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Old 03-08-05, 12:01 PM
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Talking 10 Labor Day Suprises

1. THE BIG MYSTERY! Humans have been procreating on this planet for about 130,000 years. We've had medical science for close to 200. And guess what? We still don't know what jump starts labor, though some experts theorize that the baby sends some sort of chemical signal to the mother's brain to get things going.
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2. LABOR LASTS. Sitcoms make it seem as if, all told, labor and birth takes about 15 minutes and most babies are born in the backseat of cobs. Not so! A women giving birth for the first time is in labor for 20 hours, on average. And for some women prodromal (or early) labor, which usually lasts 3 - 6 hours, can stretch into days or even weeks. Before you panic, remember, it's early labor - the easier part. Not the huffing, puffing sweating and pushing part.
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3. DOCTOR MIA. You imagine your doctor will be by your side, coaching you through every stage of labor. The reality? It's the labor nurse who plays the supporting role in this drawn-out drama. So where's your doctor? She's probably just catching up on paperwork, checking in on other patients, or replenishing her supply of caffeine so she'll be alert when your baby makes his big entrance.
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4. IT'S TIME TO SHAKE, RATTLE AND ROLL. Feeling a little quaky and quivery? It's not because you're nervous about giving birth. And it's not because the hospital is skimping on the heat. It you've opted for an epidural, shivering and shaking are a couple of the drug's potential side effects. All that adrenaline rushing through your body for the upcoming marathon of labor is another possible cause.
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5."IT" HAPPENS. As your new bundle of joy makes his decent, his head pushes on your rectum. Thus, about half of the time, women have a bowel movement during delivery. Don't worry; it's old hat to hospital personel. They've seen it all before.
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6. FLUIDS, FLUIDS EVERYWHERE. There's a pretty big mess before the baby puts in an appearance. Throughtout labor, the nurses are continually mopping up blood, mucas, and amniotic fluid. There are two upsides here; it means that your labor is progressing (you'll meet your new baby pretty soon), and you're not the one on clean-up duty.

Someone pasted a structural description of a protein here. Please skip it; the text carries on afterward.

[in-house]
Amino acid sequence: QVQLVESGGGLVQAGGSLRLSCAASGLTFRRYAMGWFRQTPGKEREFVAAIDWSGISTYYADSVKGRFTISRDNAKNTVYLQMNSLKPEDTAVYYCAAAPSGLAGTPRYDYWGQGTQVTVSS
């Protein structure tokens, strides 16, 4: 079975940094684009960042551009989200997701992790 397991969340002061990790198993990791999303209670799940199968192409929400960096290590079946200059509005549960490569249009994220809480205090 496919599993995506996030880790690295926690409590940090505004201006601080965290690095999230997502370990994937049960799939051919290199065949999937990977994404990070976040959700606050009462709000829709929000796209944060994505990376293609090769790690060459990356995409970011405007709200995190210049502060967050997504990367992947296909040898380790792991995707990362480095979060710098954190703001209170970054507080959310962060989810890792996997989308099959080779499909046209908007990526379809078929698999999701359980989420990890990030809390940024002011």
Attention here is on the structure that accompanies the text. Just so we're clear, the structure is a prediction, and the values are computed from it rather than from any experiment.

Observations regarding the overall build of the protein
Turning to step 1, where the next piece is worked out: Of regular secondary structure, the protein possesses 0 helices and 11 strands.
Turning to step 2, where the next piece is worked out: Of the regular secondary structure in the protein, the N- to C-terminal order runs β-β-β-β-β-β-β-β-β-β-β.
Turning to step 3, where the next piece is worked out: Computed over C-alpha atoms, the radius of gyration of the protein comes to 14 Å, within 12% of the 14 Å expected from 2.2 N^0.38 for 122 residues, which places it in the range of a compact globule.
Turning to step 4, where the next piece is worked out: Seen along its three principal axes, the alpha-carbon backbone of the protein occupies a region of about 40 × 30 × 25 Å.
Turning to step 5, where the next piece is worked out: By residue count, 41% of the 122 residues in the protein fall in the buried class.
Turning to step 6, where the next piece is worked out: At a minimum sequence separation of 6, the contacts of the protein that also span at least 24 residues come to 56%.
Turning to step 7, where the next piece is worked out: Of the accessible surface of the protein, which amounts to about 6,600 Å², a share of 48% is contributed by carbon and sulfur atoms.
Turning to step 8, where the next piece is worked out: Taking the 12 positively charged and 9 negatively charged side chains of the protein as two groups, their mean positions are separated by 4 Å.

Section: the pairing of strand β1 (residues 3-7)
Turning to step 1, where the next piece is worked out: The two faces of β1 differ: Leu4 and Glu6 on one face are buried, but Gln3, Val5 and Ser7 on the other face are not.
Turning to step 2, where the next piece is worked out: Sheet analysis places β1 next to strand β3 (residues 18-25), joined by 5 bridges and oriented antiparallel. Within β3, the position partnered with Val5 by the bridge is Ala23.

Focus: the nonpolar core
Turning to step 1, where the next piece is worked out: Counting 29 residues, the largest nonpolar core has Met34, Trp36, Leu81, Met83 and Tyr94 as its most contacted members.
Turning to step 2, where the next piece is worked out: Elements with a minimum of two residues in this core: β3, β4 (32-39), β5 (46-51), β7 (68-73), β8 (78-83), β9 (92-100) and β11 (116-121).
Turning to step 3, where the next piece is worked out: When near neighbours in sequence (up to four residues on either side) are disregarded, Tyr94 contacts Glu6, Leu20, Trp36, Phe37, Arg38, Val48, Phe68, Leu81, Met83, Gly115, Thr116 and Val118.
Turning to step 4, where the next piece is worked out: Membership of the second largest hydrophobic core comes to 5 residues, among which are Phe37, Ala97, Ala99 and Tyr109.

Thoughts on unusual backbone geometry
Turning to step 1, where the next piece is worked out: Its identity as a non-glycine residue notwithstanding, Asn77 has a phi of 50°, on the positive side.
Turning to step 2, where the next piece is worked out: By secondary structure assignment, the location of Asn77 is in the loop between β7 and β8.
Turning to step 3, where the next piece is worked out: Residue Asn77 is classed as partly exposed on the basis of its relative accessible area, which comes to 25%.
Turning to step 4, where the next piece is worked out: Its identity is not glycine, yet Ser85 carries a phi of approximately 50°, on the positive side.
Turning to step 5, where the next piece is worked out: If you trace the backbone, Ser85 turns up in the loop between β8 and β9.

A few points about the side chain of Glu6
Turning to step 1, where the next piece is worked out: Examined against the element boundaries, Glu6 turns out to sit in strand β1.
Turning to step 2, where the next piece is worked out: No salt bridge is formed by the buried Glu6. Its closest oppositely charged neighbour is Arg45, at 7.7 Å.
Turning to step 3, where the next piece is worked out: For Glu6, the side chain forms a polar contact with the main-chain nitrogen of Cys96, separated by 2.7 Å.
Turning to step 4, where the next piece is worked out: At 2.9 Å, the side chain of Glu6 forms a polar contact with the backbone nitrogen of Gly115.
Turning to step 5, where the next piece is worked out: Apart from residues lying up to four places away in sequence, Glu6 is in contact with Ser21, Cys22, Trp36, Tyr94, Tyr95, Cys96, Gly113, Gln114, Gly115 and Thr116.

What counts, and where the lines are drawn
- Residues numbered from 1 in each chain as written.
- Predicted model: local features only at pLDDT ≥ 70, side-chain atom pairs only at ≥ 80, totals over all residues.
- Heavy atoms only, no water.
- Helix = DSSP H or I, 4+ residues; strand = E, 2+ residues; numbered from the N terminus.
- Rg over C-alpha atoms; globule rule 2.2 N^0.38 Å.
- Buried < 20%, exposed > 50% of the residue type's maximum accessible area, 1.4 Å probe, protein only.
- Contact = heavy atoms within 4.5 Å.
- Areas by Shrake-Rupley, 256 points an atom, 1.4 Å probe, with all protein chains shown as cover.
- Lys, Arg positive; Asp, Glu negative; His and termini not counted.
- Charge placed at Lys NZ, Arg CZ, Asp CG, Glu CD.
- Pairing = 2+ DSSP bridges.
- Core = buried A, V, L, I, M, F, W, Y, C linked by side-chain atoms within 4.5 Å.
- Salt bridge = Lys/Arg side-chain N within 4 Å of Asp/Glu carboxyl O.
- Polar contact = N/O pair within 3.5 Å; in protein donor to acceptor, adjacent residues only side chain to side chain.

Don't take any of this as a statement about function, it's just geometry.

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7. TOSSING YOUR COOKIES. As if you didn't have enough fluid emanationg from every other orifice of your body! Vomiting is an automatic response triggered by the nerves that make your cervix dilate. Hormones or an epidural can also cause vomiting during labor, so keep that cute little kidney-shaped dish they give you in the hospital handy. You just might need it.
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8. NO RAIN GEAR NECESSARY. If you're one of the few women whose water breaks at home, relax. You won't flood your living room. It's a lot more like a trickle than a downpour.
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9. ISN'T THIS SUPPOSED TO HURT? It might not be so bad! Pain is still a mystery to many doctors. But they do know that everyone has a different pain threshold, so contractions that were unbearable to your best friend may not seem quite so bad to you. And some contractions may feel uncomfortable without qualifying as painful. Obstetricians suspect that the size or position of the baby may have something to do with how much pain a women feels. Also, psychology plays a role - women who are more educated about the birthing process tend to experience less pain.
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10. TAKING IT LYING DOWN. You may assume that you'll be giving birth laying on your back with your partner at the head of the bed and your doctor at the foot, just like every television actress you have seen. Not necessarily. In some cases, you may be flanked by your nurse and partner, leaning on their shoulders as you push. Or the doctor or nurse may suggest that you squat using a rounded metal bar for support, which helps make use of gravity. Fortunately, the end result is the same - a beautiful, brand-new life.
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